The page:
But there’s another sense of exploitation that we use, for example, when we say that a country exploits its natural resources and turns them into economic wealth. In that sense, it’s also possible for me to exploit myself, since I can use my work to make things that are meaningful to me, or I can exploit myself, turning my talents into a means to serve the ends of producing income and wealth. So I’m doing it, I hate the work, I work all the time, I don’t like the environment I’m working in, I don’t believe what I’m doing is good for humanity, but it’s a way of converting my talent into money. And I’m becoming alienated from my own labor, my own work, my own capacities, because I’m not pursuing my authentic interests. Then I’m exploiting myself.


Why was it important for you to shine a light on the topic of the “exploited elites?”

Because, in order to avoid a future with a running privileged class, the elite is going to have to become less privileged. It’s going to have to become less rich. It’s going to have to become less powerful. That raises the question about how that is going to happen, because the history of trying to get entrenched elites to give up their privilege is not one that should make us optimistic. So the interest of the argument about existential exploitation is to use it to try to persuade the elite that they’d be better off too.

The system that is making you so wealthy and privileged is actually harming you in human terms. Look at yourself. You’re not happy. You’re not flourishing. You’ve lived a life in which you’ve been terrified you would fail to measure up. And you’ve gotten to a place where you have a very high-status job and now you’re terrified your children won’t measure up. And it’s just going on and on, and if you would give up some of your privilege, you could escape that alienation and fear. And that argument is important in persuading the rich to go along with the changes we need in order to democratize our society.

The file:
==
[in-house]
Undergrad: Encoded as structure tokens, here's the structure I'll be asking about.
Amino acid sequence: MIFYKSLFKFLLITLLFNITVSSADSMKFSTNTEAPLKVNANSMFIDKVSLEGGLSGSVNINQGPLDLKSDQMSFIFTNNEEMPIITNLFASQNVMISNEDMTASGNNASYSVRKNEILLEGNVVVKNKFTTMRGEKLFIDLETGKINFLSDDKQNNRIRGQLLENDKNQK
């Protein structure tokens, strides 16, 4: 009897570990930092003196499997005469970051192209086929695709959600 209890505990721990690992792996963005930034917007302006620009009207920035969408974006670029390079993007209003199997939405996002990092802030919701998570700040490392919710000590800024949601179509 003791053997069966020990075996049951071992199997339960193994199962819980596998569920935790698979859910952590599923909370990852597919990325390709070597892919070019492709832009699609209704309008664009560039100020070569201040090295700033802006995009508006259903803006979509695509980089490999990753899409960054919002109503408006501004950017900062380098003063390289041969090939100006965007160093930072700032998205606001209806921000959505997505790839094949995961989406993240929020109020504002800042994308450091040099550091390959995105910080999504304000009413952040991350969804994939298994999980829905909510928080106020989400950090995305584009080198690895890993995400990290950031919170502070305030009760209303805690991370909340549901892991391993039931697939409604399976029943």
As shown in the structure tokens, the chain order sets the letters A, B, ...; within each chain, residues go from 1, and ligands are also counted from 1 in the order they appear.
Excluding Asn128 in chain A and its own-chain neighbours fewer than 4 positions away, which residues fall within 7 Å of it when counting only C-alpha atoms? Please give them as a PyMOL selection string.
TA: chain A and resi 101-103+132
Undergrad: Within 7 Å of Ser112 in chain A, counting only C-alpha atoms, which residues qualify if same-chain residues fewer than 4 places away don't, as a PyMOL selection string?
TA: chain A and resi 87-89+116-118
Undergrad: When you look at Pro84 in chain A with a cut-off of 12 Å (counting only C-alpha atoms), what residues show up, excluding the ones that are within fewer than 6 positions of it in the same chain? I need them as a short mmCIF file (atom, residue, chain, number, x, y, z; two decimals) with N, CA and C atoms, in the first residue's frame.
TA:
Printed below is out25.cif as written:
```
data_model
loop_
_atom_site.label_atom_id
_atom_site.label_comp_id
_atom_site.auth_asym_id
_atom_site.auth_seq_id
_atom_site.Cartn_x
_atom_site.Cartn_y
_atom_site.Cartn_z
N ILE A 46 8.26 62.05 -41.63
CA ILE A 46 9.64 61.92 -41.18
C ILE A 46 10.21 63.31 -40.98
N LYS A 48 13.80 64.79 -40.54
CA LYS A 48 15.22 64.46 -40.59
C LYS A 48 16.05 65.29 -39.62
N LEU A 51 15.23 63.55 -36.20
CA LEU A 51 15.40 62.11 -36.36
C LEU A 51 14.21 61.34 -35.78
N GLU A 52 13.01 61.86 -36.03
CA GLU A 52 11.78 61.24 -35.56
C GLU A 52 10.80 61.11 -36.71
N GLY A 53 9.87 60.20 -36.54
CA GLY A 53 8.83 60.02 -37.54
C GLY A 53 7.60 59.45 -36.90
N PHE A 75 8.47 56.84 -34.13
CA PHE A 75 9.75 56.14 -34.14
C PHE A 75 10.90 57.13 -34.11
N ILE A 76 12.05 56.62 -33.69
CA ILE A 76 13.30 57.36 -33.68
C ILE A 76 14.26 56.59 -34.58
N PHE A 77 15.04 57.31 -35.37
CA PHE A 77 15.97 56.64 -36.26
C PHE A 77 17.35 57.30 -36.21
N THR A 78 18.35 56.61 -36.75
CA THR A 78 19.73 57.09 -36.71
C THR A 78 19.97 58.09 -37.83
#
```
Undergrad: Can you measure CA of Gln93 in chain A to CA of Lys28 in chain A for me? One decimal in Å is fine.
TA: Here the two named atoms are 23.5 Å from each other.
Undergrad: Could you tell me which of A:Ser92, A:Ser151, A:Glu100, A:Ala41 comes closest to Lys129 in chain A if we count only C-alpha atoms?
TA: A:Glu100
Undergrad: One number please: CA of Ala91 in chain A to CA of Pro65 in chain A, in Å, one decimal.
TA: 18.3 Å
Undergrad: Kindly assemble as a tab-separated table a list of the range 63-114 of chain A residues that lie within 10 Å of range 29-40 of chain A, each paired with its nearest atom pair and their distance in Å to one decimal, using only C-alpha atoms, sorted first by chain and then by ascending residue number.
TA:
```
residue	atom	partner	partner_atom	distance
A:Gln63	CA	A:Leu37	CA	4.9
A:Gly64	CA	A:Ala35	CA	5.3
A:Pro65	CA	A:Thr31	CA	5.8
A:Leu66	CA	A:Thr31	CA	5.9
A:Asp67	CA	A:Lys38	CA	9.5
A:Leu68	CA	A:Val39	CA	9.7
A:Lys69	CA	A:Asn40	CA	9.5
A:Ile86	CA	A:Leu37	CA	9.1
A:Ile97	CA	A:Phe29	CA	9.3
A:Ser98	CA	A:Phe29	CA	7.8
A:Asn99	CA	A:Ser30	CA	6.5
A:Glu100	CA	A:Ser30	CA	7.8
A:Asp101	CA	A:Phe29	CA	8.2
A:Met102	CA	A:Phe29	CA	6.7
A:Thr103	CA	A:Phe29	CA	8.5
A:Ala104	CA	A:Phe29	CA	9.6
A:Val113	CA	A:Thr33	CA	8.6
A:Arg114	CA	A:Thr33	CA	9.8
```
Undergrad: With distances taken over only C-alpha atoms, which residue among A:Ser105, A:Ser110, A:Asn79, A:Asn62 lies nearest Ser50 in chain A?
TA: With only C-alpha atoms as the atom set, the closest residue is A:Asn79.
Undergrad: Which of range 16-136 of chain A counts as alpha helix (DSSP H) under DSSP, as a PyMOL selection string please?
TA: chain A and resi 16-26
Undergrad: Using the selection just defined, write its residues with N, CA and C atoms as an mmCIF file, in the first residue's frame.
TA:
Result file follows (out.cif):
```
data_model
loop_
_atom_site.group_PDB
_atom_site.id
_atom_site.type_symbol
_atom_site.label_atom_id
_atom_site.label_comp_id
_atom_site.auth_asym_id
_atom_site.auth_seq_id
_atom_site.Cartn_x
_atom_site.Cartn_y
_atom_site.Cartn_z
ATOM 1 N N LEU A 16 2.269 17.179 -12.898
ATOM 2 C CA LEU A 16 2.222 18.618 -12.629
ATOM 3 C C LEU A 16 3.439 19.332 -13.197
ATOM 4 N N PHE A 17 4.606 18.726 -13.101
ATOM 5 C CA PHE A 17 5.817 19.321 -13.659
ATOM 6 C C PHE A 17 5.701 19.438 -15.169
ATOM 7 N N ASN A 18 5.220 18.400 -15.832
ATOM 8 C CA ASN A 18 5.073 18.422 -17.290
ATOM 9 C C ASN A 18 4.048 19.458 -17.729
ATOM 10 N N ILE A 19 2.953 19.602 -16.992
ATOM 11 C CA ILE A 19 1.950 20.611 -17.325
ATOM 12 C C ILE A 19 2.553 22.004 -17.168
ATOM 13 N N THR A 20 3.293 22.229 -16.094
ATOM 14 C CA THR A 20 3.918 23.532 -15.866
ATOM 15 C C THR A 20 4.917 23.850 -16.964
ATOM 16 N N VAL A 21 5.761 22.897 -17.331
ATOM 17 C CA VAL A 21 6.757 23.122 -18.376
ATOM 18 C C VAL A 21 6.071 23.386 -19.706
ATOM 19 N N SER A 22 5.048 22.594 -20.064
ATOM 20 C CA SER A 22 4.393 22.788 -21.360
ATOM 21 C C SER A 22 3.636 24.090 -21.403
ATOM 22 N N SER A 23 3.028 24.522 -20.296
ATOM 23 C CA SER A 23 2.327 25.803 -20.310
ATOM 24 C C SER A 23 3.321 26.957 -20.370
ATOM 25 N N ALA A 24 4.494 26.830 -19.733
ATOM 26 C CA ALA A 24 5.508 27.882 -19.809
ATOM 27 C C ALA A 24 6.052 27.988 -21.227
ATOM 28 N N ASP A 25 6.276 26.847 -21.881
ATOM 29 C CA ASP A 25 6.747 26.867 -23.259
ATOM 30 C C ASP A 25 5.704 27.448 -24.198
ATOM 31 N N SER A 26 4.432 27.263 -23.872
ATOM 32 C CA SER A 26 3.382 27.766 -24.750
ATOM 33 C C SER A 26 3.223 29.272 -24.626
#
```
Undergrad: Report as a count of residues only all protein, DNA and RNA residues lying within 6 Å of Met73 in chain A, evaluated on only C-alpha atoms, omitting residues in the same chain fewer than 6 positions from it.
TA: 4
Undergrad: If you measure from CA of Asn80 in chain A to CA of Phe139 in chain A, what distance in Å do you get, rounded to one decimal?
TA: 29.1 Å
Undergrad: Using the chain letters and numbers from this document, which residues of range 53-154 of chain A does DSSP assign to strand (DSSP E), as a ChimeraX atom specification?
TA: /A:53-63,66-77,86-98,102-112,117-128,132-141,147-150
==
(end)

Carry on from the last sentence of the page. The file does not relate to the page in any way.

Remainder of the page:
“In order to avoid a future with a running privileged class, the elite is going to have to become less privileged. It’s going to have to become less rich. It’s going to have to become less powerful.”

Do you think the pandemic might have helped society move towards a more democratic system?

It helped in the sense that it made people realize that workers who had previously been called “unskilled” were in fact essential. It also made the elite take stock of what they were doing, and realize that much of their own work was not meaningful. And the policies that governments put in place to stabilize the economy, at least in rich countries, came closer to a universal basic income than we’ve ever seen anywhere. The result has been that lots of workers outside the elite have refused to work under the terms of trade they previously worked under.